We now see Senator Bernie Sanders presenting a series of detailed top-down solutions to important social problems. We hear plans from former Vice President Joe Biden and others. Indeed, a better illustration of Hayek’s concern is found in a New York Times analysis of Senator Elizabeth Warren’s public remarks. It focuses on her regular referral to specific plans and white papers that she has developed for solving many national problems. The Manchester Guardian also noted the senator’s habit of responding to questions about an issue by saying, “I have a plan for that.”

Hayek, who saw grand plans as a perfect vehicle for the fatal conceit, argued that highly mobile and creative human beings may have a better approach when left to their own devices. As he points out, ordinary people tend to solve the problems they confront, to figure things out, and invent new ways of doing things—including governing—and conserve resources in doing so. Those who face fewer regulatory constraints in carrying out their search for solutions tend to be more successful. But to be successful, those involved in life’s struggles must be subject to systems of property rights and a rule of law.

Through all this, human beings face a fundamental challenge which Hayek calls the “knowledge problem.” The knowledge required to address problems and invent solutions is dispersed across countless individual minds. In today’s terms, the trick is to find ways to make connections with billions of minds and engage them in building a better world.

Putting the meaning of Hayek’s knowledge problem into simple terms was a challenge met admirably by Leonard Read when he wrote a 1958 essay titled “I, Pencil.” Read’s essay makes the simple point that no one individual has sufficient knowledge to make even an ordinary yellow wooden pencil, the kind with lead inside and an eraser on top. While seemingly simple, each pencil component, along with its source and the technical knowledge required to obtain and process it, is extraordinarily complex. Yet these complicated devices are available everywhere, often without charge.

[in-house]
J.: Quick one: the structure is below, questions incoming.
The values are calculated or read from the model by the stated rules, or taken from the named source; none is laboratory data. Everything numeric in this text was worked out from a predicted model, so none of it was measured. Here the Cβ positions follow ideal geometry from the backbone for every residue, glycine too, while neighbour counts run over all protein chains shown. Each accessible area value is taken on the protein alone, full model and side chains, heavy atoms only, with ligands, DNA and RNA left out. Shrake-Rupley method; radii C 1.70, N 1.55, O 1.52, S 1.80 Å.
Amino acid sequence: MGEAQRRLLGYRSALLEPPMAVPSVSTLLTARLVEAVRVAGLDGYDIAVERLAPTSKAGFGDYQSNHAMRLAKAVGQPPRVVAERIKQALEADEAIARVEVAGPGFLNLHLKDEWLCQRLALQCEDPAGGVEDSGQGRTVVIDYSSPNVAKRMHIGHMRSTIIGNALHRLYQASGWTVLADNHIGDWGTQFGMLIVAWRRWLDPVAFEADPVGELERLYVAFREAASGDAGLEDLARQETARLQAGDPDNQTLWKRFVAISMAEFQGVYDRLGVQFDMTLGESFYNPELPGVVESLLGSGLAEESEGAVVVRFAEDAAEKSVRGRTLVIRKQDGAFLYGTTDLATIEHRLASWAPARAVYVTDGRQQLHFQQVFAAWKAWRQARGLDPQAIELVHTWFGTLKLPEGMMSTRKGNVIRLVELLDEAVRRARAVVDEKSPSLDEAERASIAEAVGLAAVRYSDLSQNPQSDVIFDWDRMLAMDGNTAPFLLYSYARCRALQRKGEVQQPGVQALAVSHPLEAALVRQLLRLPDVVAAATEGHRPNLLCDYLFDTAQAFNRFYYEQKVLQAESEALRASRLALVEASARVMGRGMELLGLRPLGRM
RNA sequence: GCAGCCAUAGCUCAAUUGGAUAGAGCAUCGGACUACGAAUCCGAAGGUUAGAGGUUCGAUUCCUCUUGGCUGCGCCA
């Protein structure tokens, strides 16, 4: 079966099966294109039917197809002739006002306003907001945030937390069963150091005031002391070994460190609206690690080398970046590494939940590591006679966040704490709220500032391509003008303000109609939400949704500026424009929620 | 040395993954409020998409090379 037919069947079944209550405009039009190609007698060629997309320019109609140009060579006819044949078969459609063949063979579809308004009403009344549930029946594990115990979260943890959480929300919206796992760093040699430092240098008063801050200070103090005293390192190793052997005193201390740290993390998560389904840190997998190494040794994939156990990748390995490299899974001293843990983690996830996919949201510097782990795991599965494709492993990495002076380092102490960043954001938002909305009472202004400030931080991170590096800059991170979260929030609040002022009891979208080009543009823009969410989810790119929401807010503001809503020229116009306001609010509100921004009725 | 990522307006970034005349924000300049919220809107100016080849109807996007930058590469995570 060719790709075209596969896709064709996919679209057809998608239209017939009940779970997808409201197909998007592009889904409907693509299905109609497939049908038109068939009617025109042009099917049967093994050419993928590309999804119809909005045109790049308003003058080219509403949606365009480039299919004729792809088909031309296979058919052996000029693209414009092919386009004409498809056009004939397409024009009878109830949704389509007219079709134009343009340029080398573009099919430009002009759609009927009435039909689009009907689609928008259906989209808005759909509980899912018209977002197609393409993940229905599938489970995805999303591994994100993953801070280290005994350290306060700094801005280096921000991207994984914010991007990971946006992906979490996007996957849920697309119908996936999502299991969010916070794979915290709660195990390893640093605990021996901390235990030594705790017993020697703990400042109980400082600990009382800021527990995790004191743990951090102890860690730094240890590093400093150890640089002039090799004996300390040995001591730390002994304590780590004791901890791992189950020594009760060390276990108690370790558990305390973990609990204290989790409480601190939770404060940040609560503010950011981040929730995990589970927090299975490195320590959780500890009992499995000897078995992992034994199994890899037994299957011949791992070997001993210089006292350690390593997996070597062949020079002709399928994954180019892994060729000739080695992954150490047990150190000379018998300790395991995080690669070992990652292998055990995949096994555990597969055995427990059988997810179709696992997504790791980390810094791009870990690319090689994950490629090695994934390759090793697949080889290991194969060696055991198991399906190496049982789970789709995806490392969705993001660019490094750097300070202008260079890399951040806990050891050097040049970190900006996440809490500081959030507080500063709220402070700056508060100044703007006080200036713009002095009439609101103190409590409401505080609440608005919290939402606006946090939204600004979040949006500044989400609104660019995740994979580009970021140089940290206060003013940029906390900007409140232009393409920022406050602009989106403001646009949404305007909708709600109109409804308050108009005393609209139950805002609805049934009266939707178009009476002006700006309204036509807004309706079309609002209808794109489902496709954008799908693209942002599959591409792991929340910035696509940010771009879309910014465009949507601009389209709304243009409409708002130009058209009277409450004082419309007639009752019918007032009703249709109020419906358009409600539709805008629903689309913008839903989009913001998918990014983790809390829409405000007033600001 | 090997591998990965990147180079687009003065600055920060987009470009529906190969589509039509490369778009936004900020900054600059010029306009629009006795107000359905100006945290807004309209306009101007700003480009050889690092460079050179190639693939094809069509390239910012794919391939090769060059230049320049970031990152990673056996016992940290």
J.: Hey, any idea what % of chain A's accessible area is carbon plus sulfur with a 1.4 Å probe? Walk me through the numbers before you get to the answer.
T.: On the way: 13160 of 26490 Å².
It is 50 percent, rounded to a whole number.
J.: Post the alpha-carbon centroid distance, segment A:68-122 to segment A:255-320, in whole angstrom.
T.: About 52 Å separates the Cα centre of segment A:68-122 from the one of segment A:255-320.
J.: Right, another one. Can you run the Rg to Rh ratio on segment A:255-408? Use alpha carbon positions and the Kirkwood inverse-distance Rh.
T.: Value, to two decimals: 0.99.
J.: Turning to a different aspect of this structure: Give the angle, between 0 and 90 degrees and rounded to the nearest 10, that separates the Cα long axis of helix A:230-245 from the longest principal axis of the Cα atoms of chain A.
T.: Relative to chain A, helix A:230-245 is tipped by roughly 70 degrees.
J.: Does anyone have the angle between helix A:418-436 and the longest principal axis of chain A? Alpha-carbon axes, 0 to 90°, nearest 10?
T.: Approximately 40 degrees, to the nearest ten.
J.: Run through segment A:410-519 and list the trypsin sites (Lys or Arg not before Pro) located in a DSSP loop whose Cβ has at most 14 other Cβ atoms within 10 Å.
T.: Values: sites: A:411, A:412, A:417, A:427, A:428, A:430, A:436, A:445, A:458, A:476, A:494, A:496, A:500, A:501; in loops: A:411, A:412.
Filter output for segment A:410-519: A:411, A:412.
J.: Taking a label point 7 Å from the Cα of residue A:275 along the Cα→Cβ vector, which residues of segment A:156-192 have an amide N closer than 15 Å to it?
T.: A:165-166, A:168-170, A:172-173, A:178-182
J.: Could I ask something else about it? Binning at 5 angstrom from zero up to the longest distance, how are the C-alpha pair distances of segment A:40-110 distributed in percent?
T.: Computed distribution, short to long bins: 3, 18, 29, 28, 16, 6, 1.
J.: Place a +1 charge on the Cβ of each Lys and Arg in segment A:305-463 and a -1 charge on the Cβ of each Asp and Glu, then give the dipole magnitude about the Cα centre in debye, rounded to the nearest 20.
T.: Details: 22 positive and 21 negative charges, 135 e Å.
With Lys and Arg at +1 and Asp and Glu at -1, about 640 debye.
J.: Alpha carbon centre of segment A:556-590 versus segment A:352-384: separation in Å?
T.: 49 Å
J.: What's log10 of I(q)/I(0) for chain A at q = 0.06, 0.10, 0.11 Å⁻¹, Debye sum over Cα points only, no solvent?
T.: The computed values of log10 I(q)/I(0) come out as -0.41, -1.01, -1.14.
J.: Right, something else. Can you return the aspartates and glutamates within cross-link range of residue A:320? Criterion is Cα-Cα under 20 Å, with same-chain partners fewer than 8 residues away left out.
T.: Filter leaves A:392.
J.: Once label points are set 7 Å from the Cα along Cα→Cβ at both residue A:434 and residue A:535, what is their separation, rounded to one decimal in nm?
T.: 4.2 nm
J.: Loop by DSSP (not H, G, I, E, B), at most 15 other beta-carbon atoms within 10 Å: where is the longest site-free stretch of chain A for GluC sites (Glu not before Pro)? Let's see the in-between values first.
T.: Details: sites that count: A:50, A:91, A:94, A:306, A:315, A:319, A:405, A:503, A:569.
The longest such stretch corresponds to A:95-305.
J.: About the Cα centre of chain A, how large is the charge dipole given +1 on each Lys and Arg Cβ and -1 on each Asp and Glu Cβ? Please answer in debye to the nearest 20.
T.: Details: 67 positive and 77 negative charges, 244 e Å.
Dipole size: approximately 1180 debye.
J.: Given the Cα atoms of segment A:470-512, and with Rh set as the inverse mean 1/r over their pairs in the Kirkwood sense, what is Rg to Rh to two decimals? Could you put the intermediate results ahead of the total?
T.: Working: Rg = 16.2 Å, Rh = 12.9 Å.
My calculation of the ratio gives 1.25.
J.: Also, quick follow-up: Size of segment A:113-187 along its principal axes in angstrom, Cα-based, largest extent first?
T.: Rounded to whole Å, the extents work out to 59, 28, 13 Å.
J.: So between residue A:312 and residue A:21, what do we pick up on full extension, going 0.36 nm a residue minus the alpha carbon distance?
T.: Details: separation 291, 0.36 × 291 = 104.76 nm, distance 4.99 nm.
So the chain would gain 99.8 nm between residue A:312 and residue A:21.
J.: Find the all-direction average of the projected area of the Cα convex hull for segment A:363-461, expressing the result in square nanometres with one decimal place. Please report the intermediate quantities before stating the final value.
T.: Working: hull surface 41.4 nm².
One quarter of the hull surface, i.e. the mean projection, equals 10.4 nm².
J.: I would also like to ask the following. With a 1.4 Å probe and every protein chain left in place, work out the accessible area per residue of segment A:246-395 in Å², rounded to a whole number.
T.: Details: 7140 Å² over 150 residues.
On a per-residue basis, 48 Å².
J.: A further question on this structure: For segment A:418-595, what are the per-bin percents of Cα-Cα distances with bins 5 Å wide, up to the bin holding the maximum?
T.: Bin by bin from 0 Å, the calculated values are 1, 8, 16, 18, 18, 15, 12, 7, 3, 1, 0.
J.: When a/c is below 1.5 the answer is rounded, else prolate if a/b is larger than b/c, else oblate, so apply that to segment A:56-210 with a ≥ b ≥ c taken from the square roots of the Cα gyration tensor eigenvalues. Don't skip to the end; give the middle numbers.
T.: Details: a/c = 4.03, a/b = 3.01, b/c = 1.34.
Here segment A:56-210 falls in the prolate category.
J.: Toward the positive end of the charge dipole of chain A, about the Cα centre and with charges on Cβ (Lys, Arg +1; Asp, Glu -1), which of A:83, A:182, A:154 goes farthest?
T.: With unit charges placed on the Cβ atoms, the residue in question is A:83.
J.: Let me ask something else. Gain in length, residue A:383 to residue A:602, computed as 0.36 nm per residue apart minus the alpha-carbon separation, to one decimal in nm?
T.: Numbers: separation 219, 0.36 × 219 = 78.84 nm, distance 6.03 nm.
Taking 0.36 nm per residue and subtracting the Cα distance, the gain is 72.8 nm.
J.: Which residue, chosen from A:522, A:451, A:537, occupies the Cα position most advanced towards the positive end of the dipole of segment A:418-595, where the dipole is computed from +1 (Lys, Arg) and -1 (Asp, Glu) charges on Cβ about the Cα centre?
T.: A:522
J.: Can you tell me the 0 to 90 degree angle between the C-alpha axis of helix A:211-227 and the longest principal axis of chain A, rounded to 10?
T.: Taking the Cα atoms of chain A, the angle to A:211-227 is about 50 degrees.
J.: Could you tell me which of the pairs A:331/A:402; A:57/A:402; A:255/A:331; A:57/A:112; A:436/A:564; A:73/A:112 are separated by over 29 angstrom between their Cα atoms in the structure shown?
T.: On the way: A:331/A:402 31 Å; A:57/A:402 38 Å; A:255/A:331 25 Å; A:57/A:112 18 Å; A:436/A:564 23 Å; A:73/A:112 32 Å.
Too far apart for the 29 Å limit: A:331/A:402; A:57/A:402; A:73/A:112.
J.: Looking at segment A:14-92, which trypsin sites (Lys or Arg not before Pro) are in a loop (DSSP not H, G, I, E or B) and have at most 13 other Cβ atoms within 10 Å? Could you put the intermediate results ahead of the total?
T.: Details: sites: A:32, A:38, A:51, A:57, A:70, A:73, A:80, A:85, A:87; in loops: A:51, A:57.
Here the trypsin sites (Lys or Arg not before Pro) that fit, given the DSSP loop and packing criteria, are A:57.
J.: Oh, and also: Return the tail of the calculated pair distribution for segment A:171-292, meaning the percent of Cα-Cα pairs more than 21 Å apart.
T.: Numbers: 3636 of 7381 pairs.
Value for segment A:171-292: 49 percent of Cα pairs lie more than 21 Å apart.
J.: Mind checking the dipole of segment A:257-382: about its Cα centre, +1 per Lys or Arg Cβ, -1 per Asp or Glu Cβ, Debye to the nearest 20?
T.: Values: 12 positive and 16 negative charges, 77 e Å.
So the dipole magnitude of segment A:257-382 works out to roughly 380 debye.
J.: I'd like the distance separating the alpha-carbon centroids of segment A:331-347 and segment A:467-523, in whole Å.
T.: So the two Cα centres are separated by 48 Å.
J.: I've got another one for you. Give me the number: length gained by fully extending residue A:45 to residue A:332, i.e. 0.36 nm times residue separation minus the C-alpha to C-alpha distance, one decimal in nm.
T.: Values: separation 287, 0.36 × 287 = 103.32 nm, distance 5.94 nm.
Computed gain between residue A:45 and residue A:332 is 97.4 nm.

Read’s larger point is that ordinary people working in uncoordinated ways in relatively free markets solved the pencil problem, yet no single person had the knowledge necessary to do so. Those producing the inputs may have had no intent to create a pencil at all. We readily observe seemingly miraculous outcomes for far-more complicated devices, such as the construction of skyscrapers, suspension bridges, the design and manufacture of smart phones, computers, and the invention and production of artificial limbs and life-saving drugs.

The opposite of the pencil producers, Senator Warren and other candidates are attempting to solve important problems by concentrating knowledge in Washington and then passing problem-solving legislation based on a frozen collection of information. The candidates are undoubtedly sincere in their belief that they have the requisite knowledge and leadership ability to muster multiple solutions, if only they are elected.

Without realizing it, and as brilliant as they may be, the candidates—like all of us—are still profoundly ignorant. The time has come for more town meetings, more listening, less lecturing, and for the development of guiding principles instead of detailed answers for later legislative debate. That way, we may avoid the fatal conceit.

Bruce Yandle


Bruce Yandle is a distinguished adjunct fellow with the Mercatus Center at George Mason University and dean emeritus of the Clemson University College of Business and Behavioral Science.